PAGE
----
Psychosis, the poem

Under the tree that whistles

lies a sharp and pointed thistle,

that pokes and prods

whenever I intend to leave this little spot under the whistling tree.

A bunny hops,

with four eyes and two legs,

and I poke it with a peg,

to shoo it away.

I hear you call my name

as a hundred others do,

and I hear curses whispered,

apparently from me to you.

They say I’ve infected you, injected you,

and I must run away;

there’s no time for play under this whistling tree today.

They get louder and louder and I don’t know what to do

so I get up and run, I run right past you.

I’m in danger, can’t you see?

My shadow senses it and bolts ahead of me,

leaving me unprotected.

I stop and shiver, cry and quiver,

as I lose myself within the night.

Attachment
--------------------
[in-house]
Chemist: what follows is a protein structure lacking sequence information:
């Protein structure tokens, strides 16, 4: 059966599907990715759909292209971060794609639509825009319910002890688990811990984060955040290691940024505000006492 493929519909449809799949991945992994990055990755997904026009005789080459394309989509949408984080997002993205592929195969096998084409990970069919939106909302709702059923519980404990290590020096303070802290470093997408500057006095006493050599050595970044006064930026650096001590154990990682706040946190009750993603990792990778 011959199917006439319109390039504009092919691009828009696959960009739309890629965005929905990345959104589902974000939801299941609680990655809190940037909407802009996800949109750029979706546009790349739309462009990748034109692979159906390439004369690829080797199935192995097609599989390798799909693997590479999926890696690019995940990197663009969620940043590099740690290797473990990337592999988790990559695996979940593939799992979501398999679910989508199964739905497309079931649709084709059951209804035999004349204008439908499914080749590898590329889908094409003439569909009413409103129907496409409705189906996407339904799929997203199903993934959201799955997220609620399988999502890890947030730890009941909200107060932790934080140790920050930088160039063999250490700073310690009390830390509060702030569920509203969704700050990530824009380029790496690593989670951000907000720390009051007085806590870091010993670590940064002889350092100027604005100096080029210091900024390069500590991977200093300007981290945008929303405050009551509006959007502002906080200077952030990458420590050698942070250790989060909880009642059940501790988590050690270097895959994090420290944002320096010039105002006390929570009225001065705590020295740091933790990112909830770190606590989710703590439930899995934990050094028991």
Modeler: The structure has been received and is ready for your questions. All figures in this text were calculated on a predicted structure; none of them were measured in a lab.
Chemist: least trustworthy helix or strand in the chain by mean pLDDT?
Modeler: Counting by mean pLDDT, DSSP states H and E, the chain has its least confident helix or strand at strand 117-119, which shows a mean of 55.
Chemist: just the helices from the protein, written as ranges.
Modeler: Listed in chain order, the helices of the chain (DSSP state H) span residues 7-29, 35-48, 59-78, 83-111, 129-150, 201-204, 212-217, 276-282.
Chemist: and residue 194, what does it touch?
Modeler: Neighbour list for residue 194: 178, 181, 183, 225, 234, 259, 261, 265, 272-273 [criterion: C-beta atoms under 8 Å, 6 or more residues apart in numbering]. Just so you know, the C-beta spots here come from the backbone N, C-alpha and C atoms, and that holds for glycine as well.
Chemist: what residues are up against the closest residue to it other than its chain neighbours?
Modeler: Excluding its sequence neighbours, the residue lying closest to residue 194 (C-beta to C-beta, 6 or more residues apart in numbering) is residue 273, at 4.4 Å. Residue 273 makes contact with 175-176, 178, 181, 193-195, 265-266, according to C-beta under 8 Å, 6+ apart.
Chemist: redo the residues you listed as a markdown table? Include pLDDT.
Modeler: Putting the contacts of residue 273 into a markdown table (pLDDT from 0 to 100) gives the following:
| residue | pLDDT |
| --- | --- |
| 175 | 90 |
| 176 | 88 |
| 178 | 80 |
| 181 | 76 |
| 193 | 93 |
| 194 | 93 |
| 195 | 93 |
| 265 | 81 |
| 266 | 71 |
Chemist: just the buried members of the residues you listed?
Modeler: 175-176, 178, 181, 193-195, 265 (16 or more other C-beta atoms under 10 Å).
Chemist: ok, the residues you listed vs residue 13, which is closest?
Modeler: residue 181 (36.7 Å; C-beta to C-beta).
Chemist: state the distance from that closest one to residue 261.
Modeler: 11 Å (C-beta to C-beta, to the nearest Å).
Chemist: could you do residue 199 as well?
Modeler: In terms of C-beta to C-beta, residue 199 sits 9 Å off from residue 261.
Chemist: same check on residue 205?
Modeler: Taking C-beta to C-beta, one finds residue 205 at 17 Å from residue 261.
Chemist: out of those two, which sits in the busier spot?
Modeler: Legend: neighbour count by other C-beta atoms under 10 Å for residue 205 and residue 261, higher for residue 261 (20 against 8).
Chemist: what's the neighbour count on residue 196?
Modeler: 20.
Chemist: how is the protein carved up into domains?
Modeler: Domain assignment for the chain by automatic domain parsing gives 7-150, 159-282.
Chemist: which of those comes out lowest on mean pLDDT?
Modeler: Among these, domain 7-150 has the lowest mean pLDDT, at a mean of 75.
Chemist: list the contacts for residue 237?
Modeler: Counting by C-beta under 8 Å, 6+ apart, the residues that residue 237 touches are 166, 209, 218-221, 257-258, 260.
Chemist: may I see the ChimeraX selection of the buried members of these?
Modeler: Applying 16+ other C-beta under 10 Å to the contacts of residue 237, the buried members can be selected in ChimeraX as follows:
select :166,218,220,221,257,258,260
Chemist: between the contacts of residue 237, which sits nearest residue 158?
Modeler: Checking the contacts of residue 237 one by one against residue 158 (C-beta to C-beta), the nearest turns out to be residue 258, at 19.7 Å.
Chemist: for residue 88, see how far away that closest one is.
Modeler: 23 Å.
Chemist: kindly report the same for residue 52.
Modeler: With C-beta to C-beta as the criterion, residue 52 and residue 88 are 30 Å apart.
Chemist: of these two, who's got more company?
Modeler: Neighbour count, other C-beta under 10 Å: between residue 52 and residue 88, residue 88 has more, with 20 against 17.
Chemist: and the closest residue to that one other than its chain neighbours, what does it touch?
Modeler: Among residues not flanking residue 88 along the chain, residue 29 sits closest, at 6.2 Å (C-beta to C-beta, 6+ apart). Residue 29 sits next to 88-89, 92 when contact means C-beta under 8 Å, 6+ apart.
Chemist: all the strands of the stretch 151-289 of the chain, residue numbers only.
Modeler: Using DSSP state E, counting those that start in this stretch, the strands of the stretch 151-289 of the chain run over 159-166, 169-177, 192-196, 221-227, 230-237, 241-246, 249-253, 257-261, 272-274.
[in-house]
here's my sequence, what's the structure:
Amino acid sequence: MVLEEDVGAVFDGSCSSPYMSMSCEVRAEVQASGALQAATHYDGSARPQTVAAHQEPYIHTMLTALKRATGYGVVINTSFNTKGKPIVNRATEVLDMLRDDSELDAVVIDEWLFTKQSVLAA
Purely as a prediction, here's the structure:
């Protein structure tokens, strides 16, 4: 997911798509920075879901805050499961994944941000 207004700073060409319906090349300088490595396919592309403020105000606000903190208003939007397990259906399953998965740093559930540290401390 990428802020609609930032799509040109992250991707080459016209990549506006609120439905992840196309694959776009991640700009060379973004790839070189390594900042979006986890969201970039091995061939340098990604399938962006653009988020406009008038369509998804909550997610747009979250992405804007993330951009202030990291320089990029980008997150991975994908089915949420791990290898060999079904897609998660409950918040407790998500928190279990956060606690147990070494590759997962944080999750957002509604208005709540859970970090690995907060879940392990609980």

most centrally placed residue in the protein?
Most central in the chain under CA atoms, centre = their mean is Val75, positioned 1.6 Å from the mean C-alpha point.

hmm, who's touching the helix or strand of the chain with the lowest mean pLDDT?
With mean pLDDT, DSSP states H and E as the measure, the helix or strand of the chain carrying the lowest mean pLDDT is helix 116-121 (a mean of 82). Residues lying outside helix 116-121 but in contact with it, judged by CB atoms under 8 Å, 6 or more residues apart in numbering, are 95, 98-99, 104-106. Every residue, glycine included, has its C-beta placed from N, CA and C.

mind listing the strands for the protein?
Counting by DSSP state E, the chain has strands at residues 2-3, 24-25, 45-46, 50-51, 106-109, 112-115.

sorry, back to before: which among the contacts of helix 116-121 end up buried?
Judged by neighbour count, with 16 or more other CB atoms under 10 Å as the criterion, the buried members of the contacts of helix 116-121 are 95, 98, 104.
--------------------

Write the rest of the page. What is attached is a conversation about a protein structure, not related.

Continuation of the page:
There’s no coming back and you’ve gone,

I’ve gone,

and the whistling tree seeks revenge.

I go roughly into that good night,

beaten and scarred,

feathered and tarred,

and you are there beneath the whistling tree with angel wings

out of my reach.

I lay on the ground beneath the spotlight

curled with my knees to my chest,

my best defense

against the dark arts.

You fly to heaven and I am alone, truly alone,

comforted by the whistling tree.

 

I think what’s ironic about this poem is that, to me, my experience with psychosis has been poetry. It’s been a beautiful, terrifying, cold dance with the devil who is, as he is in the Bible, an angel.

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